The cats have rhinopneumanitis, it is not terribly serious in normal, healthy cats, but can be deadly to run down, weak, wormy and malnourished cats, I have rehabilitated many, many rescued cats with this disease and it is not a big deal to handle the infected cats nor is it communicable to humans of other pets. It is vaccinatable against, it is a cheap vaccine ( less than 2 dollars a dose)the vet can teach you to do yourself for any cats that become tame enough to handle in the future.

    After the most ill members of the feral pack are euthanized, the rest should be fed regularly with a decent quality dry food (like Friskies, Dad's is not recommended) and allowed to regain their health, the ones that are the healiest after a few months should be all neutered, again the Humane people will have a no-cost or low cost program you can use for this.

    It takes very little effort on your part to do the "right thing" for these cats, to let them just continue their suffering is inhumane and unethical.
     
  17. countrygrrrl

    countrygrrrl PITA

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    There are cat rescue places, true, and some places, esp. in larger cities and along the coasts, for feral cats. Not so many in rural areas, though. She might have to do some serious looking around.

    That's it. The cat I adopted with it was from --- somewhere, I can't remember. :confused: I was a kid at the time. All I remember is he didn't live very long and it was not a pleasant death. It can also be very nasty in healthy cats, however --- one of my sister's cats got it and never fully recovered. Very nasty disease.

    In any case, whatever happens needs to happen quickly.
     
  18. RoyalOaksRanch

    RoyalOaksRanch Royal Oaks Taxidermy

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    I dont see how anyone can diagnose a cat without actually seeing it and taking some blood, cultures etc. Could just be the common cold that alot of feral/barn cats get in wet cold weather. Some of mine had it and they all got over it... Sneezing, some runny icky eyes, congestion, and they look and feel miserable. Sorta like when we have a cold...Vet said "simple common cold" theyll get over it.. Sure enough those that had it did, and the rest didnt "catch " it...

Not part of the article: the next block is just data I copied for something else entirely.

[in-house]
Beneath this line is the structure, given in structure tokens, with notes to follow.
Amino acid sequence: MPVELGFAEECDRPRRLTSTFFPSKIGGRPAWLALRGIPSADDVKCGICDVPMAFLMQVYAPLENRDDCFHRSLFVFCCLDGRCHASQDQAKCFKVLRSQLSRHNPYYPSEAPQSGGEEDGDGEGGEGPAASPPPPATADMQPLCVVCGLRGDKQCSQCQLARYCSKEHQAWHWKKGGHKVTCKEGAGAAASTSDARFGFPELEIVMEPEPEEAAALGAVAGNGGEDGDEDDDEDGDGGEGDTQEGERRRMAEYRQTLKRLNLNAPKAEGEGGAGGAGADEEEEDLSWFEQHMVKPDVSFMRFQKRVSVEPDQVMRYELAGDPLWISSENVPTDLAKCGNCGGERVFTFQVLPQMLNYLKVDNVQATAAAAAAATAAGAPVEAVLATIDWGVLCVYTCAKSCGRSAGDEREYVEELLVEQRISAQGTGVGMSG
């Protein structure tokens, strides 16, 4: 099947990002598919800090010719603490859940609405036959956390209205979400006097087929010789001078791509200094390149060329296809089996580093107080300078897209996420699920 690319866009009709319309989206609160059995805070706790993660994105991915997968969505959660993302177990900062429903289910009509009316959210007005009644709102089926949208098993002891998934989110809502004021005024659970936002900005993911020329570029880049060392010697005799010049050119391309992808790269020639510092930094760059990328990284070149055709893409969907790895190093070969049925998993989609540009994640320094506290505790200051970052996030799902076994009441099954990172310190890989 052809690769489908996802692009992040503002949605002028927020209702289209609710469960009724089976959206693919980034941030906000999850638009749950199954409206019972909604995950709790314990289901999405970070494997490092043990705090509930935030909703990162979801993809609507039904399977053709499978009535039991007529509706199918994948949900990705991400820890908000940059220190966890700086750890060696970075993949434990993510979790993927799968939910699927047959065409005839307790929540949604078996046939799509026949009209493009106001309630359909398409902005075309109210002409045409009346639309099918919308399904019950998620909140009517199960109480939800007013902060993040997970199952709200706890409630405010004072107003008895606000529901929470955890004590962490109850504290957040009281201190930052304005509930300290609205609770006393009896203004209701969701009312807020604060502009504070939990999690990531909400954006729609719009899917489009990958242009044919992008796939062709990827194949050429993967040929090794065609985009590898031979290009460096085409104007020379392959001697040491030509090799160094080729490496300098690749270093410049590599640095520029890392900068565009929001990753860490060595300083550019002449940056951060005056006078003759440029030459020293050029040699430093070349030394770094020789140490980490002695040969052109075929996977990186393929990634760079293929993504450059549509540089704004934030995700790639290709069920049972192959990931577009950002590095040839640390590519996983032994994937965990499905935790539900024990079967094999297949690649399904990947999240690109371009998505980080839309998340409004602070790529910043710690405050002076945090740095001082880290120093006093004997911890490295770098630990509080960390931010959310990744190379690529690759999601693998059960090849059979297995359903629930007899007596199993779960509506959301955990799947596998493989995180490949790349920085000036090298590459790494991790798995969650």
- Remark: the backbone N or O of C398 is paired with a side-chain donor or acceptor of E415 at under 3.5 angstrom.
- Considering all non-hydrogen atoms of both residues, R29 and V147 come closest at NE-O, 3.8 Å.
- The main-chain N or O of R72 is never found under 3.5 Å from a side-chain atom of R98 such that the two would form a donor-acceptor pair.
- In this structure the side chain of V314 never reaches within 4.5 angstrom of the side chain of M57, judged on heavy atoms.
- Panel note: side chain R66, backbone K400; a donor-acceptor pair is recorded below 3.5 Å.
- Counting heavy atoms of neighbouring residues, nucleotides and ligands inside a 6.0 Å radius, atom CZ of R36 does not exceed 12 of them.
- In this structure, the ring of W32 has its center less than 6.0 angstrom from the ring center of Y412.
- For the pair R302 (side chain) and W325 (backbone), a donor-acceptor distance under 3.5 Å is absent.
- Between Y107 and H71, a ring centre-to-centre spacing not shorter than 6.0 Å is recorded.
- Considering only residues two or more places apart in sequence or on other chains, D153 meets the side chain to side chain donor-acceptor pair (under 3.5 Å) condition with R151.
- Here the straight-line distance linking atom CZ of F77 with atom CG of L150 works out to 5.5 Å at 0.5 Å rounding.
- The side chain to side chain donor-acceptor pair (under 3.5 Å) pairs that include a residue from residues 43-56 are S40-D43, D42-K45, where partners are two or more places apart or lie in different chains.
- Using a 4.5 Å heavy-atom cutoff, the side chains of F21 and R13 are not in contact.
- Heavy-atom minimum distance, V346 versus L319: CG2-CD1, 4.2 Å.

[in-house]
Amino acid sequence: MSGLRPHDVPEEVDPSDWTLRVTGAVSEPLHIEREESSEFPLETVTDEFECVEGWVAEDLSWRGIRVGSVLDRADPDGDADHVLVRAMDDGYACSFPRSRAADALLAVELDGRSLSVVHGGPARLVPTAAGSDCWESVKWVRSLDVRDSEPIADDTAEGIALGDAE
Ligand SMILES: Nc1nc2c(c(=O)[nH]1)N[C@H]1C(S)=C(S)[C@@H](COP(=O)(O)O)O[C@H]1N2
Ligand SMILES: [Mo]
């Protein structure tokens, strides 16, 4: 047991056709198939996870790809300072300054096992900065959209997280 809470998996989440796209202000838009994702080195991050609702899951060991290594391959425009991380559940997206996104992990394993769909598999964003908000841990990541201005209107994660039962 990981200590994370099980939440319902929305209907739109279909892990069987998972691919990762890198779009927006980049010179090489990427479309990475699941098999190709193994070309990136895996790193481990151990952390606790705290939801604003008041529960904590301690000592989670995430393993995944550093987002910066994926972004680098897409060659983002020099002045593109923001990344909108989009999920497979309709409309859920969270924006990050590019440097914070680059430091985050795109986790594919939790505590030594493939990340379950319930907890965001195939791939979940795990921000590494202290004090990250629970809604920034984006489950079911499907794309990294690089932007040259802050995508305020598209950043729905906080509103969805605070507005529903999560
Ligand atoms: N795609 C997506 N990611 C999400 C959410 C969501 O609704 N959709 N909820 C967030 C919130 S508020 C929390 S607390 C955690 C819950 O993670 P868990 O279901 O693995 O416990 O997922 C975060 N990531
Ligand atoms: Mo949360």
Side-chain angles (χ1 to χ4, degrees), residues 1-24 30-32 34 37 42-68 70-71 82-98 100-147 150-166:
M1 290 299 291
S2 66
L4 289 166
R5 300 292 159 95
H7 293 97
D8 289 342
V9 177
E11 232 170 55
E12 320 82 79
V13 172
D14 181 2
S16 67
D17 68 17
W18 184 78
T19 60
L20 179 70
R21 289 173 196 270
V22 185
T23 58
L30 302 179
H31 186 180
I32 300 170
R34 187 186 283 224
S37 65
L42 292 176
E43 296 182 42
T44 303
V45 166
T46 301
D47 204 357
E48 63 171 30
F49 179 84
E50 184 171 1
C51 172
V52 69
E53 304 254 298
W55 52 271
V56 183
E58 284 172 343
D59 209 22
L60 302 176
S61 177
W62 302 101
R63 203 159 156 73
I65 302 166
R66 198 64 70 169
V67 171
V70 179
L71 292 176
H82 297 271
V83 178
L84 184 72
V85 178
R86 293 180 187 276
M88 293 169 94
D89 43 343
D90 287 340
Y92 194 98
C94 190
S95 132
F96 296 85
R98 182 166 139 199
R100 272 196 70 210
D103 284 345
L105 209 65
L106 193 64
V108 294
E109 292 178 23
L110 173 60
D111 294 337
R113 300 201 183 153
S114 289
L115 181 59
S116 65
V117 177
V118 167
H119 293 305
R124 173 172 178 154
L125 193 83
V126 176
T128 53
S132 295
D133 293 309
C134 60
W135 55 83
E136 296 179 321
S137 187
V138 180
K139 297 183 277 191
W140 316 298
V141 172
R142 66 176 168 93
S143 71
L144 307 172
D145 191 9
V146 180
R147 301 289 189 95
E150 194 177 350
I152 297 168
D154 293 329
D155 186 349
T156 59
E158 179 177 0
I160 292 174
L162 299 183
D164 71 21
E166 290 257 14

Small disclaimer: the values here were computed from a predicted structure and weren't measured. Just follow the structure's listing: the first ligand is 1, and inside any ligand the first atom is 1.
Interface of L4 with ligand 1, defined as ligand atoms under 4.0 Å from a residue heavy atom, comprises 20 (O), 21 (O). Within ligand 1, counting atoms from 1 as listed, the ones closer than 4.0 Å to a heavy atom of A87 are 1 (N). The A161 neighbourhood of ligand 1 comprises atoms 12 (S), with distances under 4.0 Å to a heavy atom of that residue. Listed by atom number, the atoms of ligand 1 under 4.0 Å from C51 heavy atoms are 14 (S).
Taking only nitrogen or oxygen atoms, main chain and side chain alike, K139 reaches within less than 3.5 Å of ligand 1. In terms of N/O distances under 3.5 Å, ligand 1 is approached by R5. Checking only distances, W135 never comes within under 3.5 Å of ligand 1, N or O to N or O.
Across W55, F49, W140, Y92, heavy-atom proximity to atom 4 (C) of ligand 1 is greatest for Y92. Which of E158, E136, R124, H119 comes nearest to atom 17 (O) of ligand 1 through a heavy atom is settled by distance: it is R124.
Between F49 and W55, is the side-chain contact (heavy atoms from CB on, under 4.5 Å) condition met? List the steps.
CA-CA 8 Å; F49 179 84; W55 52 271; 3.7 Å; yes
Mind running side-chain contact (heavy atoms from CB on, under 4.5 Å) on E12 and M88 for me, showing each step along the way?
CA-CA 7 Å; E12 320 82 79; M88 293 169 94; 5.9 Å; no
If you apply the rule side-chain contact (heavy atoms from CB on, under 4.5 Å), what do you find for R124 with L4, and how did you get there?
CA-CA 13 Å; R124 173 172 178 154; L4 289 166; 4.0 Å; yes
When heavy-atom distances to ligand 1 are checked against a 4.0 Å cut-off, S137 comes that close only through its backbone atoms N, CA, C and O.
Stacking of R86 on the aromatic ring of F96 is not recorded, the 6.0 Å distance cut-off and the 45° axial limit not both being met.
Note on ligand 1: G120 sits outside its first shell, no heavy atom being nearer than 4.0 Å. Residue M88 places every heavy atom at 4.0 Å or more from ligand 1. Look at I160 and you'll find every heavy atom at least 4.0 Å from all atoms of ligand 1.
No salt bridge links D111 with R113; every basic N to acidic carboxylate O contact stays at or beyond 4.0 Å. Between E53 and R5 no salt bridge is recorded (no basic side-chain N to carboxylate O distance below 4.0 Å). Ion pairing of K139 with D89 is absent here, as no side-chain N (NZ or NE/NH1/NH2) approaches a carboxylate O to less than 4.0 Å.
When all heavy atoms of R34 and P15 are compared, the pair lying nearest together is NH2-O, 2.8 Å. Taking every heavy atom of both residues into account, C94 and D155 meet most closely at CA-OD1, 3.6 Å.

At any rate a 22 (Or shotgun depending on where you live) and a good aim does wonders for solving such a huge problem. Animal Control would basically come in and trap/kill them anyway. A humane society would come and get what they could but then THEY would be saddled with the bills of trying to get them all healthy and then trying to tame them down for adoption and thats only if you can find such a society that would agree to undertake such a progect.
    Sad to say but whatever the cats have wrong with them could be everything from a common cold to some highly contagious desease... Who knows, unless you want to trap some and take them in for testing you wont know for sure...
    I agree with shooting them, its fast and painless if done right... and about the easiest method to fix the huge problem you have...
     
  19. mizattitude

    mizattitude Well-Known Member

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    wellll...if you call a rescue or animal control..you can bet your boots that your ma and pa will be accused of animal neglect and branded a "hoarder". Could get ugly...and cost alot of money in fines

    Shoot them and keep quiet..
     
  20. jerneeon

    jerneeon Well-Known Member

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    My parents had some wild cats that took refuge on their property, and many started getting the disease. My mom had been feeling sorry for them and had been feeding them. She put some golden seal in one of the bowls and all the cats who ate out of the bowl with golden seal survived and overcame. Those who didn't get the golden seal all died. Also, putting brewers yeast into their food every now and then keeps the bugs off them. Fleas, etc, hate yeast.